Podgorica, 28 November 2016 – In Montenegro women make up the majority of the population, but are a minority in taking advantage of so-called favourable opportunities, engaging in business ventures, ownership of businesses, executive functions in companies and engaging in politics. Employment of women, in this context, was the topic of a workshop organised by the EU Info Centre in cooperation with the Chamber of Commerce of Montenegro, with the participation of representatives from all walks of life and with the presentation of examples of successful female entrepreneurship, within which special attention was given to motivation and training in skills for higher employability.
“Being aware of the inherited gender inequality, history and traditions, we have to be persistent in overcoming social, cultural, traditional and other prejudices about women. It also takes persistence to foster the economic empowerment of women, which would significantly increase their participation in decision making, and lead us to a more prosperous society and a healthier economy”, said the Vice-President of the Chamber of Commerce of Montenegro, Ljiljana Filipović.
According to UN statistics, women do 67% of the world’s work, earn 10% of the income, own 1% of the wealth, and earn 15–50% less than men do for the same work.
In Montenegro, 50.2% of the population are women and they own only 9.7% of the country’s businesses. The average salary of women in Montenegro is 14% lower than the average earnings of men, primarily because they perform jobs that are less well-paid.
Women in Montenegro have one-third less chance of being employed, and are less represented in the working population. On the other hand, women make up 60% of the highly educated population and they represent an extremely strong potential for Montenegro, which requires the necessary instruments to support them in giving their maximum contribution to the society in which they live.
The President of the Committee for Women’s Entrepreneurship of the Chamber of Commerce, Slavica Striković, stressed the importance of self-employment among women, starting their own businesses, to which significantly more attention should be given, because female entrepreneurship is the fastest growing category in the entrepreneurial world, regardless of the level of economic development of the country.
There are, however, still a number of limiting factors: difficulties in accessing financial resources, a lack of the necessary knowledge and experience for starting a business, a lack of confidence, difficulty in accessing various professional associations and still an uneven sharing of domestic and family tasks between men and women.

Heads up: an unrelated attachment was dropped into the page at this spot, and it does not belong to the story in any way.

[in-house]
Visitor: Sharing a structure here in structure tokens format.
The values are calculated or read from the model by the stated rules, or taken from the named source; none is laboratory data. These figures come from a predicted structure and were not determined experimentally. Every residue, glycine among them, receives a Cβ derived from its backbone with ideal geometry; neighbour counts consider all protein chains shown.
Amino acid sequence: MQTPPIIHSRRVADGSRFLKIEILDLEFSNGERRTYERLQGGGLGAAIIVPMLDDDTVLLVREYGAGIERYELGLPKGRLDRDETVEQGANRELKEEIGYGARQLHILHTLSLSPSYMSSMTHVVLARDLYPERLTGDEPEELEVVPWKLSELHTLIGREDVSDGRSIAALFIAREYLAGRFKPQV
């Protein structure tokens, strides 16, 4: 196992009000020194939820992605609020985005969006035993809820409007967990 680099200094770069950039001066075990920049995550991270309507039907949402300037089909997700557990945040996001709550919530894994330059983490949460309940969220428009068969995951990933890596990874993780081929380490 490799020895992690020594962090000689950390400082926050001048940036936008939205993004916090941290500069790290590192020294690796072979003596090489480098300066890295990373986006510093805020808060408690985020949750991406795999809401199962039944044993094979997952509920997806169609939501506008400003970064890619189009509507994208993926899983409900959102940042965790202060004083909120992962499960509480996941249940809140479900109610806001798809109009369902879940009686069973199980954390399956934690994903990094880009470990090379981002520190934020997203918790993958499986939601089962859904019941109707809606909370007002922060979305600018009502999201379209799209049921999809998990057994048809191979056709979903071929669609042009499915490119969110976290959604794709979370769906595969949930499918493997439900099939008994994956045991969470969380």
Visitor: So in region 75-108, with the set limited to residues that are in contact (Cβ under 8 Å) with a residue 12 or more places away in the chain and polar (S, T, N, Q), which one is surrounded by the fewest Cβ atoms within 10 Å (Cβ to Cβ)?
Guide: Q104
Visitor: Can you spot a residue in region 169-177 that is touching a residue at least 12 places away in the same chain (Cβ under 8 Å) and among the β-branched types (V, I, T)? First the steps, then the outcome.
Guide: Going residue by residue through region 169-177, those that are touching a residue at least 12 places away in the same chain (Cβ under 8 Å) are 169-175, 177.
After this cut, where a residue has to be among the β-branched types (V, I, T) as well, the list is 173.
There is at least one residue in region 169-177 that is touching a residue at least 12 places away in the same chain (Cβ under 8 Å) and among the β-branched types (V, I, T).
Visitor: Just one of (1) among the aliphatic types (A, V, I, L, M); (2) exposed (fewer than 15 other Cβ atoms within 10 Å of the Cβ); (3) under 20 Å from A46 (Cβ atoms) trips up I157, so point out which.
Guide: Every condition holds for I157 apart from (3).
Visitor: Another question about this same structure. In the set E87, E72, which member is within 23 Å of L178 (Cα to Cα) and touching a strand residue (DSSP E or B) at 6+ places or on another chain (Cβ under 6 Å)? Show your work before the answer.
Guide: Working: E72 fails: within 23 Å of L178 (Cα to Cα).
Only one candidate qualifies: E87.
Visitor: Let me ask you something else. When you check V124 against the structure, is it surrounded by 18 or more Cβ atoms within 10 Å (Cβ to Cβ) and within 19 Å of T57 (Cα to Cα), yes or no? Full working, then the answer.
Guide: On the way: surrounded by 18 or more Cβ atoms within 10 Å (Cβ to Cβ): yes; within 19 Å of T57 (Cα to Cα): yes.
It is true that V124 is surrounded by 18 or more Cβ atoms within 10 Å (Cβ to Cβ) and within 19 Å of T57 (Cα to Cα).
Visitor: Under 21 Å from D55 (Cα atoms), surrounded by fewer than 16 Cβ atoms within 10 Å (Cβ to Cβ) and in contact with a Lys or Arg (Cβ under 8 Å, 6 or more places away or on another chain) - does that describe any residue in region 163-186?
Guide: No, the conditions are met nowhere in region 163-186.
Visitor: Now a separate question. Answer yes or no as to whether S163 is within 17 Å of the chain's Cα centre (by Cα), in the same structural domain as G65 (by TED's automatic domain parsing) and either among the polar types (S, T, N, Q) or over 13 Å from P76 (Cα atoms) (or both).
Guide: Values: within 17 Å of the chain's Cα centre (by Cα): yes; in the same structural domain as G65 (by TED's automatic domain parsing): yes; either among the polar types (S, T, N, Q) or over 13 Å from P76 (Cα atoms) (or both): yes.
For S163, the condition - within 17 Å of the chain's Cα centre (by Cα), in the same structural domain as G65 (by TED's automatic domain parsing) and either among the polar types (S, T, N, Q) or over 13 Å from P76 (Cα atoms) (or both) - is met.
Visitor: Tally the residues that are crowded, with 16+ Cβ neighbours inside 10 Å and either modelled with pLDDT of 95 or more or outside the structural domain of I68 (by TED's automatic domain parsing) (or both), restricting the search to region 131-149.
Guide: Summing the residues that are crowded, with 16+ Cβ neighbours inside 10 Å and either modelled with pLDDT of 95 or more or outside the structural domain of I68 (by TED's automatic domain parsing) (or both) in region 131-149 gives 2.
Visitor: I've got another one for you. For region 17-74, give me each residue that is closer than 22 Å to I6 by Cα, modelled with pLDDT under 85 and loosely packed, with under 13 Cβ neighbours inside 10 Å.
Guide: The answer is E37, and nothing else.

The head of the Department for International Mediation and Employment of the Employment Agency of Montenegro (EAM), Gordana Vukčević, said that Montenegro has established a legal and institutional framework, and has adopted policy and strategic documents that support gender equality, the promotion of women’s rights and the economic empowerment of women, which are prerequisites for embarking on removing obstacles when it comes to the economic status of women, their education, protection at work and in daily life.
According to her, women now make up the majority of the total unemployed. For many years the number of women registered at the EAM was smaller than the number of unemployed men, but in recent years the number of unemployed women has significantly increased.
Vukcevic said that the Employment Agency constantly carries out various measures of active employment policy. Among them is the project “Accounting for a Better Future” funded by the European Union. Within the project, training for the profession of accounting technician for at least 240 unemployed people will be organised, and at least a quarter of those who successfully complete the training will get a job.
In the discussion that followed, other proposals for the economic empowerment of women were heard, such as the adoption of a regulation which would legalise activities carried out by women in the grey economy, or modification of a regulation which prevents welfare recipients being engaged in employment-assistance projects, because they would lose their right to social benefits. It was also said that it is necessary to think about the establishment of a women’s parliamentary network that would advocate in the parliament for a better position for women entrepreneurs.
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